Windows Live Messenger 2011 Review

Microsoft’s Windows Live Essentials suite of software has been in beta testing since June, and a few days ago we saw the release of the full suite of software including the updated Windows Live Messenger 2011.

Windows Live Messenger 2011 contains a brand new ribbon interface that aims to bring Messenger in-line with the other ribbon-based applications such as Windows 7 Paint and Microsoft Office 2010. This new interface has advantages and disadvantages.

The obvious major change to the interface is that the main window area is no longer just your friends list. The friends list has been moved to the right hand side and the majority of the window is taken up by your social networking. Currently, you can integrate Facebook, MySpace and (new to the the full version) LinkedIn accounts into this main window. Surprisingly there is no Twitter integration. You can go back to the old style list view in windowed mode, but the maximised view might take some time to get used to.

Facebook Chat is integrated well with Windows Live Messenger. Previously this feature was only available to those in the United States, United Kingdom, France, Germany, Russia, and Brazil, but we can confirm now that more countries have been added to the support list.

WLM 2011 introduces tabbed conversation windows with a familiar ribbon-style interface. Instead of each open conversation being allocated to a separate window as with previous Messenger versions, all conversations are put together into a single, tabbed window. This window is complete with middle-click to close tabs and tab rearrangement. While the tabs appear in one window, like Internet Explorer each tab appears separate in the Windows 7 taskbar.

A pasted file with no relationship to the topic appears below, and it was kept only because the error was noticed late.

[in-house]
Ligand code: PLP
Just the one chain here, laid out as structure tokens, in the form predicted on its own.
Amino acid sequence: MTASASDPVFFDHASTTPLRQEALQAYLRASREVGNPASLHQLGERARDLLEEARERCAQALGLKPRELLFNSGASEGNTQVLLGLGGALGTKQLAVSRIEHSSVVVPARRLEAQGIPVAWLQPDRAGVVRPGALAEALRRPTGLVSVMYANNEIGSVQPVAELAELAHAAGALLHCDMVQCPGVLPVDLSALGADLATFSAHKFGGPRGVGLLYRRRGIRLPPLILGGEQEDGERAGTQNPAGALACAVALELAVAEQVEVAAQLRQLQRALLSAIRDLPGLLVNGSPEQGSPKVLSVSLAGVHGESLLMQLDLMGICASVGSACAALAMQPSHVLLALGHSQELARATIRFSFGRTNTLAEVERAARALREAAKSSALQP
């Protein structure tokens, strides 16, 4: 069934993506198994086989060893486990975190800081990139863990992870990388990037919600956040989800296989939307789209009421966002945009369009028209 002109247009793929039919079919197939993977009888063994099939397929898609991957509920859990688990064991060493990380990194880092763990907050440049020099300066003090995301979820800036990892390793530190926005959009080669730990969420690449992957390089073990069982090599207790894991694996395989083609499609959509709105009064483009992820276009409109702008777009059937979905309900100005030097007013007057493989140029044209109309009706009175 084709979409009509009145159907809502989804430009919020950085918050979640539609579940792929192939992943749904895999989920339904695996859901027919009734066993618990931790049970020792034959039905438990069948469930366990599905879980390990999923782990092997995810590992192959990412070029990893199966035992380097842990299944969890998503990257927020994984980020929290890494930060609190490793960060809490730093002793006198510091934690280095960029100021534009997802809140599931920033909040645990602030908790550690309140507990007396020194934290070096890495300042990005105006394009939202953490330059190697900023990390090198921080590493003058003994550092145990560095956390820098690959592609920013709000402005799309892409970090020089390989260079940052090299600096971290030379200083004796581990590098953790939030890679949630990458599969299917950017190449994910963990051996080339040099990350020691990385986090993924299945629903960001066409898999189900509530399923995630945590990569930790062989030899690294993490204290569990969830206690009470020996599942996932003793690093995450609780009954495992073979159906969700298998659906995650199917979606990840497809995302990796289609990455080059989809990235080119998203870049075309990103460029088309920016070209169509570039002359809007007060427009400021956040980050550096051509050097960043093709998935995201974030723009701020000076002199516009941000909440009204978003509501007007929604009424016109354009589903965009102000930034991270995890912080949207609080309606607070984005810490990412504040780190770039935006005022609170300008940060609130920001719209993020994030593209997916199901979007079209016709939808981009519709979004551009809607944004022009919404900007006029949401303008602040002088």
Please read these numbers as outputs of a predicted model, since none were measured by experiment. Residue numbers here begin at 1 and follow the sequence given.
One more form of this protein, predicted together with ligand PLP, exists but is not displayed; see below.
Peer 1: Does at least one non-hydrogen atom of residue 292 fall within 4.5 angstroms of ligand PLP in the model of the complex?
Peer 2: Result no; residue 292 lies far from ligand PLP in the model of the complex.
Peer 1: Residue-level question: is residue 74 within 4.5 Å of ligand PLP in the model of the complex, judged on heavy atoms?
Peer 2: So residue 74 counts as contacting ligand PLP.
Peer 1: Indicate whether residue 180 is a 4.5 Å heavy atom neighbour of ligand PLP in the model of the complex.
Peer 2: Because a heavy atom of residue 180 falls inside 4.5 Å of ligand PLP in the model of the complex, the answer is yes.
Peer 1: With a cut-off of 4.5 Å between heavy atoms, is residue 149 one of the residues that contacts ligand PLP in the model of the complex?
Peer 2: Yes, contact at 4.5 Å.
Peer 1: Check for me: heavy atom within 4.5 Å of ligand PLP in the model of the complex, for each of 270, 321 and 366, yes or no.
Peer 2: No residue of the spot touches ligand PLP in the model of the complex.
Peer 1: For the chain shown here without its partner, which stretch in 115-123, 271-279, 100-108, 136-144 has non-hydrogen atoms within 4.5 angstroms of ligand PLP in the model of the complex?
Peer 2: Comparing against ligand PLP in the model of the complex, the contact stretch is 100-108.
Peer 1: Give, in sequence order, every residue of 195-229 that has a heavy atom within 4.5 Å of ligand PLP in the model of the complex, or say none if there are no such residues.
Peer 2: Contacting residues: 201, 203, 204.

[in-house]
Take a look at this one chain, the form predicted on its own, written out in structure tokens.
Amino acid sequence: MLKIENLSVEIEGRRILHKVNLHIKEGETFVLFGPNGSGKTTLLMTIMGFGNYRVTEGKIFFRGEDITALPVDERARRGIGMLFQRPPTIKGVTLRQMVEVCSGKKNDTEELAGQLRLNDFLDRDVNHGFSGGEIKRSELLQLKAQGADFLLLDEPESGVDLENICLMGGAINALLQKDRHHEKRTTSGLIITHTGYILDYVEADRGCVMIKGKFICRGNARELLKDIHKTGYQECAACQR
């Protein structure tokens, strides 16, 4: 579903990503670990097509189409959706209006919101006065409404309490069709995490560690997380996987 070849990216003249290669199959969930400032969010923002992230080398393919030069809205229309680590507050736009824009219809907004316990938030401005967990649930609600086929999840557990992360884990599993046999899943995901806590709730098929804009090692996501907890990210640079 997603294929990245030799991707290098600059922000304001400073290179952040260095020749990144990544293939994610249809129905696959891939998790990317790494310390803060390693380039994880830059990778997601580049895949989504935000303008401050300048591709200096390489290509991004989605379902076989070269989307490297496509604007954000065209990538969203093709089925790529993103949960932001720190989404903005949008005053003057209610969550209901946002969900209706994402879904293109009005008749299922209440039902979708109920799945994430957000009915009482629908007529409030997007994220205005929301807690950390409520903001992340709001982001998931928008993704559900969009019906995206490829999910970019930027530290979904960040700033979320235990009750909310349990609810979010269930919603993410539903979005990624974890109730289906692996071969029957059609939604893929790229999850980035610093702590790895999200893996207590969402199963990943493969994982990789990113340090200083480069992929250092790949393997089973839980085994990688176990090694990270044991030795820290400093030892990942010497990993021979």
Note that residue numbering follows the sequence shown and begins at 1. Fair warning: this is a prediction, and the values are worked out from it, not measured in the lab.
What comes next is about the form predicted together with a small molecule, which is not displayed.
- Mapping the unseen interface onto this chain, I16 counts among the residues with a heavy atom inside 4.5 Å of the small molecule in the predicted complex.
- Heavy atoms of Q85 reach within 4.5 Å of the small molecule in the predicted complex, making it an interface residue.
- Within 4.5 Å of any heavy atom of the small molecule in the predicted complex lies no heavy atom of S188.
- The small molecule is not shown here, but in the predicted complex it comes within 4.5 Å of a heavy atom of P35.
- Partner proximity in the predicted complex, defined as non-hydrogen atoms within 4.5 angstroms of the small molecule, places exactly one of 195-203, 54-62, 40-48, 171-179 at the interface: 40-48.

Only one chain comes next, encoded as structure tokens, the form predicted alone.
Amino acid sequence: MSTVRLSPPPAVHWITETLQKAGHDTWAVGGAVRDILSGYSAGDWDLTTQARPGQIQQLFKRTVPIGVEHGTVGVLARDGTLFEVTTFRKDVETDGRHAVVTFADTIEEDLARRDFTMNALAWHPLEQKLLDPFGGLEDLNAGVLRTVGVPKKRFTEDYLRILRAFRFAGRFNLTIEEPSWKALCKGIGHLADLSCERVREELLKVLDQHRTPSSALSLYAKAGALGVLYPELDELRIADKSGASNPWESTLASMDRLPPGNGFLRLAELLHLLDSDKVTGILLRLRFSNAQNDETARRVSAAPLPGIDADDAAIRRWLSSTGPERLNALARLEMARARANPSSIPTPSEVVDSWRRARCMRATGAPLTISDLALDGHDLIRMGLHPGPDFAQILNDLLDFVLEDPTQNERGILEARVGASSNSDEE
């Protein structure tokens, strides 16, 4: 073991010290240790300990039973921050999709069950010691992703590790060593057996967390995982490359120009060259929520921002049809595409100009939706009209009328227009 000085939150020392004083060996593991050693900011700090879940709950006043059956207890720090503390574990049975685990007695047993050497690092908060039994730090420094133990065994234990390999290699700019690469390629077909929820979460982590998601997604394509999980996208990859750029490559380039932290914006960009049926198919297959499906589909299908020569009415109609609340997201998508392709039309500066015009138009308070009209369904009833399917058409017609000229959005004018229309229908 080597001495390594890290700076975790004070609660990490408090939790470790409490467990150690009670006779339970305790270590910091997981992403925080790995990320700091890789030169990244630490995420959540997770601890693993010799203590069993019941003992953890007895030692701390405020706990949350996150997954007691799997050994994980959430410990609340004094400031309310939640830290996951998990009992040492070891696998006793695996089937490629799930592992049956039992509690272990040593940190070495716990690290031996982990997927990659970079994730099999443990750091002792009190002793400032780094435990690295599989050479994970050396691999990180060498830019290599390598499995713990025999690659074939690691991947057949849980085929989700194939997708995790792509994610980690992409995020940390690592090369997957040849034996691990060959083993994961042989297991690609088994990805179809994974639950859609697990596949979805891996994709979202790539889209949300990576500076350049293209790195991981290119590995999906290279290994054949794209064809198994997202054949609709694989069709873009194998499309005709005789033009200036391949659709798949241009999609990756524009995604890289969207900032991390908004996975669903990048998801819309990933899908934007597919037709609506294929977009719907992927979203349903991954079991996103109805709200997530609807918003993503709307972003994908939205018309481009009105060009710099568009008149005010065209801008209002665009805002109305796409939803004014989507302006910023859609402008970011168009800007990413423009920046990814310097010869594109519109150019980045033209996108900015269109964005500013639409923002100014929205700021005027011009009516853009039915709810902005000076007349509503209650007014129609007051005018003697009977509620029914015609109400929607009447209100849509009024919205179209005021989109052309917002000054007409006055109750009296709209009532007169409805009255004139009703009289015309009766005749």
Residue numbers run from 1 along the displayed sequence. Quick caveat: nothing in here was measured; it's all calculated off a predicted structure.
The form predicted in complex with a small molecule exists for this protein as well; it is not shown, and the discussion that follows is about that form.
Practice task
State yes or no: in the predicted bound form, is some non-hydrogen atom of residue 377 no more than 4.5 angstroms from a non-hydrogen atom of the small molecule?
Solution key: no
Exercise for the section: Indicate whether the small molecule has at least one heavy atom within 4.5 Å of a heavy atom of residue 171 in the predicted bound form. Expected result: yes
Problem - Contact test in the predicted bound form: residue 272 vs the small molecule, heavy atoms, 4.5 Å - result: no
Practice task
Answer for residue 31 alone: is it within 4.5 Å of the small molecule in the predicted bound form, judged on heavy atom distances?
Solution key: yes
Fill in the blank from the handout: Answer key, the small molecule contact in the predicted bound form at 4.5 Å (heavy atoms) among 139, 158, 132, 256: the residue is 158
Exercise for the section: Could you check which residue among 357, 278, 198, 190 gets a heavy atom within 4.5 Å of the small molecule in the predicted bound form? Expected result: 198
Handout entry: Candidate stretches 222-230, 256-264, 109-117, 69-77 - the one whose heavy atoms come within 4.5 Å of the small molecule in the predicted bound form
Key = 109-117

While the basic mechanics of WLM conversations haven’t changed, Windows Live Messenger automatically embeds YouTube videos in the conversation window when you post a YouTube link, as long as both people are running 2011. I actually found this feature to be quite annoying, and as yet we haven’t discovered the setting where to actually disable this.

Unfortunately, Windows Live Messenger 2011 is also completely loaded with advertising. Under the contacts list there is advertising, under conversations there is advertising and there are buttons that take you to affiliated websites. To have so much advertising it really takes up a huge amount of space that could be used for other, more useful purposes. We do understand that advertising is what keeps WLM free, but Microsoft could have tried to keep it to some small banners or text-only ads. (If you are extremely frustrated with the advertising around Windows Live Messenger you can remove it via third party software such as A-Patch).

Other new interface features include a new Office 2010 style notification pop-up, a brand new set of emoticons, a simplified options menu that unfortunately (or thankfully!) removes the ability to have custom names.

WLM 2011 still leaves much to desire for the instant messenger, despite Microsoft’s best efforts with useful social integration and a good new interface. With some major bugs still remaining from the beta program, you are left with the feeling that Microsoft rushed to release Windows Live Messenger 2011 to the masses.

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